Arranging a Session Song I: Key, Tempo, Repetition

How many times have you thought, ‘I love this song – but it’s not a session song’? You’re not obliged to sing any song the way you originally heard it, or as it was recorded by the original artist. Many songs can work well in sessions, with a little creative arrangement.


We’ll talk more about keys in another post, so if you don’t really understand them yet, skip this bit. Those who do understand keys might want to consider a few points when arranging a session song.

Choose a key that works for your voice: pitch the song for your voice and then find the guitar chords, not the other way round. Pitching the song in a comfortable key is trickier if the song has both high and low notes (covers a big range) or if it contains big jumps as in Happy Birthday, or Joni Mitchell’s Carey. This kind of song may not work well in a session anyway, because most people won’t be able to sing along. I love Carey and Both Sides Now, but they’re never going to be session songs.

Think about the people in your local session – will they be able to play along? Folk sessioners tend to use a limited range of keys, and while some instruments can be played using familiar chords and a capo, some can’t. Do you have melodeon at your local session? Typically a melodeon only plays easily in two keys (e.g. Dmajor and Gmajor) and the relative minors of these (in this case, Bminor and Eminor). Many flautists and fiddlers, especially inexperienced ones, are used to playing without too many sharps or flats. Whistle-players rarely bring along, say, an Eb whistle. The take-home message is that if you’re most comfortable singing the song in, say, Eb/D#, but you can manage it in D, you might like to make that adjustment to maximise participation by other players. Of course, if you’d rather just sing the song where your voice can absolutely nail it, do that. Flautists and fiddlers benefit from being pushed out of their comfort zone!

There are ‘girl keys’ and ‘boy keys’. Usually, a song can be arranged so both boys and girls can join in. It may feel awkward when one gender or the other needs to move out of unison into harmony for part of the song, but don’t let that put you off – the more people work with harmonies, the better they get. My friend Sam and I both sing Sloop John B – I lead it in C and Sam leads it in G, a fifth away, so we take turns doing our harmony practice!


A song will take on a completely different feel, depending how fast or slow you sing it. Pick a tempo that’s true to the spirit of the song. A light-hearted celebratory song shouldn’t drag like a dirge. A song recounting a tragic true story shouldn’t swing along at a cheerful clip. If the song is very wordy, don’t sing it too fast – your tongue will trip over the words and your listeners will be frustrated at not hearing them clearly. This is especially important if you want people to pick up the chorus and sing along.

Arranging can involve varying the tempo. Think about Don McLean’s American Pie – slow for the first verse and chorus, gets into a groove in the second verse, slows down and even pauses for a beat in the last verse, then there’s a slow chorus, then an ironically up-tempo chorus to finish. The pacing underlines the meaning, all the way along. Many songs work well with the final line slowed and the final note held (especially for folkies, who like to show off their harmony skills on slow final lines!)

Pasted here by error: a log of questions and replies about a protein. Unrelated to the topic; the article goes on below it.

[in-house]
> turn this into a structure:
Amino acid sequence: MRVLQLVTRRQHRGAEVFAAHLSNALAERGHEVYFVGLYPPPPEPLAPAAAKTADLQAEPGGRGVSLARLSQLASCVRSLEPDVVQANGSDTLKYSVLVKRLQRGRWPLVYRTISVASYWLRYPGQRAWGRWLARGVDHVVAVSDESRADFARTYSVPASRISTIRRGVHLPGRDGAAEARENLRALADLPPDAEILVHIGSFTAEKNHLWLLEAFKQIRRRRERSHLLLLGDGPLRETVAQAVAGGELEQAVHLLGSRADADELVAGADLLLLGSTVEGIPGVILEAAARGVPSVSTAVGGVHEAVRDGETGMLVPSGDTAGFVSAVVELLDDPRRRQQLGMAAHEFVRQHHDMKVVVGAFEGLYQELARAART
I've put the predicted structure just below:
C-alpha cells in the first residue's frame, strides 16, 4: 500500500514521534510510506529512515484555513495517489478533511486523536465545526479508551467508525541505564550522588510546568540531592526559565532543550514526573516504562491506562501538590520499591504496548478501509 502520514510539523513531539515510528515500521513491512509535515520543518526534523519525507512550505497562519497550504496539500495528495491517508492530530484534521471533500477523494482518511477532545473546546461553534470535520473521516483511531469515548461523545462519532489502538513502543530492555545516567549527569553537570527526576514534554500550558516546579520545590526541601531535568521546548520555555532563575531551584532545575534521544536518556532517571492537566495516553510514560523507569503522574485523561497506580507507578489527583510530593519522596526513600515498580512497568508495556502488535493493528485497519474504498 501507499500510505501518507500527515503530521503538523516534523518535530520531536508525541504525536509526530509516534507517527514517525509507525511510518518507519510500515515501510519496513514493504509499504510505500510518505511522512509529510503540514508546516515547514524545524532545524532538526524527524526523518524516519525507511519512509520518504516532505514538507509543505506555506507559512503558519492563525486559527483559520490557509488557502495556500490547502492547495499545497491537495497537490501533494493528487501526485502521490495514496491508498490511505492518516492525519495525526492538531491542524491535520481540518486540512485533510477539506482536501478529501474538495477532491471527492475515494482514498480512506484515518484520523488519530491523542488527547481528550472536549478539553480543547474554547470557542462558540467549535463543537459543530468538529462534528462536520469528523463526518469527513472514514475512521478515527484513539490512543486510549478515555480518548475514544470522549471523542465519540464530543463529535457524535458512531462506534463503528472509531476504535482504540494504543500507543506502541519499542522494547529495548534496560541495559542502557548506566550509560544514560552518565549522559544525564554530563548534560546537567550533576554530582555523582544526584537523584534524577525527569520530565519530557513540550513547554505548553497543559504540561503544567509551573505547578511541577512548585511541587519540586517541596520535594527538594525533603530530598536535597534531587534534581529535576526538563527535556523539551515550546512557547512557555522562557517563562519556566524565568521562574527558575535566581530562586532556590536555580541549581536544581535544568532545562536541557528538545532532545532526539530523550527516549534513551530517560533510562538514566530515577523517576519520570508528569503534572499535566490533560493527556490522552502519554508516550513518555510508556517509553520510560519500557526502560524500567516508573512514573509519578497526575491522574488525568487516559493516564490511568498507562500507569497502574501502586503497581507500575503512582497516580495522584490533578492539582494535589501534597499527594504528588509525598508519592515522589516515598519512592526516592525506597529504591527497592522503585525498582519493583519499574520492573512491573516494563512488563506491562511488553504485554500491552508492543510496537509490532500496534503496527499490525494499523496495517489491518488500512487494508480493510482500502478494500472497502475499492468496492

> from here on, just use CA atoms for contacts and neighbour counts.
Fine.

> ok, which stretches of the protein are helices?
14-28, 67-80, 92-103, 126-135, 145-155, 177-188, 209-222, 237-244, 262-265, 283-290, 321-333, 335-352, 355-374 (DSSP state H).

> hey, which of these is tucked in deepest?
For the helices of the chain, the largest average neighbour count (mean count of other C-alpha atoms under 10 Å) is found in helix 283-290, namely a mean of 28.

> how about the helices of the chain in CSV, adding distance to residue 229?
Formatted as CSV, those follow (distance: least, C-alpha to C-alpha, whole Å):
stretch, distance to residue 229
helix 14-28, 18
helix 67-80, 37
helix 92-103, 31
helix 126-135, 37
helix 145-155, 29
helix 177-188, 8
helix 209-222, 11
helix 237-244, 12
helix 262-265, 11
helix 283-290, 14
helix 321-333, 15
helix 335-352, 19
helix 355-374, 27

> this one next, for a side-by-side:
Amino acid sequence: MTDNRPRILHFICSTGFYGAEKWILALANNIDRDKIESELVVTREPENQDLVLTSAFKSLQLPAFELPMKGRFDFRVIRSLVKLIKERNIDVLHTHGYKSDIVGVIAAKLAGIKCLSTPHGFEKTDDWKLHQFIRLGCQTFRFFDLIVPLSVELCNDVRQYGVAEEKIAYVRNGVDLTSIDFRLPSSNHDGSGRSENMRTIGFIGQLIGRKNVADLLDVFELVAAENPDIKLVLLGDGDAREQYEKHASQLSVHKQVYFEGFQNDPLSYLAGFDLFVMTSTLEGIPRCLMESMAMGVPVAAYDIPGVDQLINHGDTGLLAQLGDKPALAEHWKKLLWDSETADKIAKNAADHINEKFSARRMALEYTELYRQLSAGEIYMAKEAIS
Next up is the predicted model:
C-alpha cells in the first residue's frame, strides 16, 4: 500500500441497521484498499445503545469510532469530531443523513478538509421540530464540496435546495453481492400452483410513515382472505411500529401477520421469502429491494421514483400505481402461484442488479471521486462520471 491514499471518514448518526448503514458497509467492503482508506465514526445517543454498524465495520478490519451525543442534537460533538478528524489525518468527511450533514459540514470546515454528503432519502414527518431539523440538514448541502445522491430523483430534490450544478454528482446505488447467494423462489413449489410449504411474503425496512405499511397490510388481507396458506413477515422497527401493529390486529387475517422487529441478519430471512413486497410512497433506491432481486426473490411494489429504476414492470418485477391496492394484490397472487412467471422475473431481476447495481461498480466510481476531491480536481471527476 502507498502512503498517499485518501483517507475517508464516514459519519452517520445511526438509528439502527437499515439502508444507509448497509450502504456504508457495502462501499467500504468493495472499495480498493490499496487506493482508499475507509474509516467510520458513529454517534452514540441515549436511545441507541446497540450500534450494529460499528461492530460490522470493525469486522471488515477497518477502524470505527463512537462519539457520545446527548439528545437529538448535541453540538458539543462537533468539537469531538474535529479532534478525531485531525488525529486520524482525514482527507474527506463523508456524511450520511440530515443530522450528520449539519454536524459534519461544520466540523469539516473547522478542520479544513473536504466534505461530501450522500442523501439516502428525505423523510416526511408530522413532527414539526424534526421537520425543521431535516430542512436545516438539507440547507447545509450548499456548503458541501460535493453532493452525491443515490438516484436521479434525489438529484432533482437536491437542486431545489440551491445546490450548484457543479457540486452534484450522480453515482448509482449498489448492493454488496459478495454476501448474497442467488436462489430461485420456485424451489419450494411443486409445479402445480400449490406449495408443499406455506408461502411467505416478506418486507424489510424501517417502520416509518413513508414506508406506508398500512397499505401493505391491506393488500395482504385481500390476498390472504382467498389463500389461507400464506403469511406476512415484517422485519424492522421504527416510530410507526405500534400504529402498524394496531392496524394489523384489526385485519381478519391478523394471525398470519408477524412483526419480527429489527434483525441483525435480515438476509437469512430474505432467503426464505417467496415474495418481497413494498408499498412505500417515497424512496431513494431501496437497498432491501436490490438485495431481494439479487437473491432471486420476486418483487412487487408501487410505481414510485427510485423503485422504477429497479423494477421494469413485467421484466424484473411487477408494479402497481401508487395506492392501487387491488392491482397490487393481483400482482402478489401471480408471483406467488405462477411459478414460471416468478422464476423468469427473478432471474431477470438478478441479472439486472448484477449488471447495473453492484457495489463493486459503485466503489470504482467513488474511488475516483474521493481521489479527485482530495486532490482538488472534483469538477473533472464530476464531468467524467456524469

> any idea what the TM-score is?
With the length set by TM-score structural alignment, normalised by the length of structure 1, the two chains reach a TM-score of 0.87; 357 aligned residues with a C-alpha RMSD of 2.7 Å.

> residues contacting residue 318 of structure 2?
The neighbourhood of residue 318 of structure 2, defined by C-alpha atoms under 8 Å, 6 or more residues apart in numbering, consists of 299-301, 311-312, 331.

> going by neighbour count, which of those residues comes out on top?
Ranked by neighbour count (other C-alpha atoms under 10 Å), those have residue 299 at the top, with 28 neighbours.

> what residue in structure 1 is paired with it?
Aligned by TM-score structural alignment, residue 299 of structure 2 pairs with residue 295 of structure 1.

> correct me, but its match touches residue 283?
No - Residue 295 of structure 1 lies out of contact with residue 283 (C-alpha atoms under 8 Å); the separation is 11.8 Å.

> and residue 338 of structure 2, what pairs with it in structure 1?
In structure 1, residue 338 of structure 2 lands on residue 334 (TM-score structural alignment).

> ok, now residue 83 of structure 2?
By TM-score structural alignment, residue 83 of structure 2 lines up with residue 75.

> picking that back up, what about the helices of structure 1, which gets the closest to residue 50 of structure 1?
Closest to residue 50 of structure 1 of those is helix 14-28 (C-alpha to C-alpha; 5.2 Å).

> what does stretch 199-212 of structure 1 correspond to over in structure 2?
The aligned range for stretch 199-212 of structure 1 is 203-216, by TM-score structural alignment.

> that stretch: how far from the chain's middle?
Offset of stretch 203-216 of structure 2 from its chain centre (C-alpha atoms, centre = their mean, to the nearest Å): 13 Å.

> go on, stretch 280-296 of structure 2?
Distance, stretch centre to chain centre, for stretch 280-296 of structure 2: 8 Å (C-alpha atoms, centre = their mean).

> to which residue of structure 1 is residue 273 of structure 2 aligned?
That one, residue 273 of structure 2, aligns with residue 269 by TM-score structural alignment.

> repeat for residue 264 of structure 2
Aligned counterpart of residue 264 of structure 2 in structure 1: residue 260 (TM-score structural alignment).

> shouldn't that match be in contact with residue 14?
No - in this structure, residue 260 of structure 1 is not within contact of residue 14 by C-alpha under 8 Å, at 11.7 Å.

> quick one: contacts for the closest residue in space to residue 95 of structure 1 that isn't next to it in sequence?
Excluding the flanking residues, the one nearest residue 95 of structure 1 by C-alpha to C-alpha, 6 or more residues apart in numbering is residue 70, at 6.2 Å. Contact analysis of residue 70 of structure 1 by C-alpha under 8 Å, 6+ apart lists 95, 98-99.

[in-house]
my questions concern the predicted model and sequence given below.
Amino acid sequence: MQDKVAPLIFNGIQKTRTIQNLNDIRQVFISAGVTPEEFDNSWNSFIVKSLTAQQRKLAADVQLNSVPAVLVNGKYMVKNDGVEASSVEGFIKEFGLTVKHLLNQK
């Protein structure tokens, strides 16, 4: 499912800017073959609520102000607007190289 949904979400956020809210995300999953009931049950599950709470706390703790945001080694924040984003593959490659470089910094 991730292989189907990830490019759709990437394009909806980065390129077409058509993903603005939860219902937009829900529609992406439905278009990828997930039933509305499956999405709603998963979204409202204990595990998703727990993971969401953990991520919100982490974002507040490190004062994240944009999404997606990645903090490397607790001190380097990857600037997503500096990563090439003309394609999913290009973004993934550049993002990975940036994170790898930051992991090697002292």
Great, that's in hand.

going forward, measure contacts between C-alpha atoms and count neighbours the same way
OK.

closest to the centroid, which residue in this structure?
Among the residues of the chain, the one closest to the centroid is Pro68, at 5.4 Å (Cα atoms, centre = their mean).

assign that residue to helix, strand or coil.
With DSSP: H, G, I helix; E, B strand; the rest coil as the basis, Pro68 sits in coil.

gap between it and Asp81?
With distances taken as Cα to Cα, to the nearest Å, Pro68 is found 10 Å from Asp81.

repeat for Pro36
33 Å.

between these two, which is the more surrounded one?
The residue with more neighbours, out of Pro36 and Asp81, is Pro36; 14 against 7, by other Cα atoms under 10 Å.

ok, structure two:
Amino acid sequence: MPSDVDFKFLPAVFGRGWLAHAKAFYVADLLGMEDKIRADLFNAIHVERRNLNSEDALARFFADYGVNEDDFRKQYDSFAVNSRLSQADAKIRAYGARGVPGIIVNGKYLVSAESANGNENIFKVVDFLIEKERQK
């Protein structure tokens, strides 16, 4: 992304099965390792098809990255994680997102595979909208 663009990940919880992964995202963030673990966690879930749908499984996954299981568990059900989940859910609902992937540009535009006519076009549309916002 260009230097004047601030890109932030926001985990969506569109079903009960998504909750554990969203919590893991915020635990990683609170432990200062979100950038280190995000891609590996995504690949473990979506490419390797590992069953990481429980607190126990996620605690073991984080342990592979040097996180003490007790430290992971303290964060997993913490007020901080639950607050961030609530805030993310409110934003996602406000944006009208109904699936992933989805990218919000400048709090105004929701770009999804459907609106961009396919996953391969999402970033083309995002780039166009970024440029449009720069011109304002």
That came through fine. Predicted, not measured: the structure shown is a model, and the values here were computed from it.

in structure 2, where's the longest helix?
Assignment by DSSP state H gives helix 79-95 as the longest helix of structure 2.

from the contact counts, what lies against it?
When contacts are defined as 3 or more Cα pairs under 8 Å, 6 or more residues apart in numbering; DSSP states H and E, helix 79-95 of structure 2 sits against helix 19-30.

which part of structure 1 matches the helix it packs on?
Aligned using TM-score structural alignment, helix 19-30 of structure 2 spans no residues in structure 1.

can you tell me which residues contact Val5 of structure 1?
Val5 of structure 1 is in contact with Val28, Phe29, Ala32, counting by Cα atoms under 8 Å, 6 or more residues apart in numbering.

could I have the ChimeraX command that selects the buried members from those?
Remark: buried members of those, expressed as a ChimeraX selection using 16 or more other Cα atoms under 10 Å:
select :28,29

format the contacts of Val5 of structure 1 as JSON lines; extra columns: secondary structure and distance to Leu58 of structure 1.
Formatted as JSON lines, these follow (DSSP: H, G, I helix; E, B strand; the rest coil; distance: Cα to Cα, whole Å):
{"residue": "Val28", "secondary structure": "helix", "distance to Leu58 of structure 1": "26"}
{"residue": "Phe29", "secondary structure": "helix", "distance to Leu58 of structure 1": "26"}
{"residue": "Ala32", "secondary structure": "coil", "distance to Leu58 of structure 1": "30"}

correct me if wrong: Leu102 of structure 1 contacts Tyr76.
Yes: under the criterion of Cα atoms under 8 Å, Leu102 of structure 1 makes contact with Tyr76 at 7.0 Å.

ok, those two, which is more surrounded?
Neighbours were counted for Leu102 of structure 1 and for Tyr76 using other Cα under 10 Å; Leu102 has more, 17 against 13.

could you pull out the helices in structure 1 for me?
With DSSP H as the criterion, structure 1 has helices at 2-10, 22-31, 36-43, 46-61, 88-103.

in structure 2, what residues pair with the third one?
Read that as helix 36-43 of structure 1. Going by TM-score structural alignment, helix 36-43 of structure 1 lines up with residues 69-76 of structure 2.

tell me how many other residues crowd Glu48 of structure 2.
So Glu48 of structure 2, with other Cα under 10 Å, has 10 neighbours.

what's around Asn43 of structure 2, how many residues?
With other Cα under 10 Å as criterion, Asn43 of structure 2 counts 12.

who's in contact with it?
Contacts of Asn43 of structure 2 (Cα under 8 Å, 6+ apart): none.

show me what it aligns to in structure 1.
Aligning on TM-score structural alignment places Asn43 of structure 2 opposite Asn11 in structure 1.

Repetition is the sessioner’s friend, on many levels. We learn a lot of our repertoire from hearing the same songs sung over and over. Repetition can also be helpful within a song.

A great song that lacks a chorus can sometimes be adapted for sessioning, by turning a suitable verse into a chorus (so long as it doesn’t start to sound silly). The Blackleg Miner doesn’t have a chorus, but some people sing the final verse (‘So join the union while you may’) as a chorus between the other verses.

If the song doesn’t have a chorus but does have a refrain (repeated line) or a call-and-response format, these provide singers with a chance to join in.

Look for opportunities to repeat a bridge, verse or chorus as you come out of a lead break – only, of course, if it makes sense within the song. Often the lead break indicates the passing of time, or a change of mood, so be sensitive to the story being told. I like to put the bridge of Fields of Gold before and after the instrumental break; it feels right musically, and doesn’t interfere with the sense of time having passed before the last verse.

Another good place to consider repetition is at the end. A lot of folk songs repeat the chorus at the end (that is, sing it twice – even three times) building to a powerful finish. Instead or as well, it’s often good to repeat the last line or a section of the last line, to give a strong sense of closure. I like Rocky Road to Dublin with ‘Whack fol-lol de dah’ sung three times at the end, slightly slowing the last one. How Will I Ever Be Simple Again ends with the title as the last line of the chorus – I like to sing it again, slightly slowed and with the instrumentation whispering gently off, to underscore the mood of the song.

The word count is creeping up here, so I’ll come back next week with more on Instrumentation, Lead Breaks and Flow. What else do you think about when arranging a session song? Feel free to Comment.



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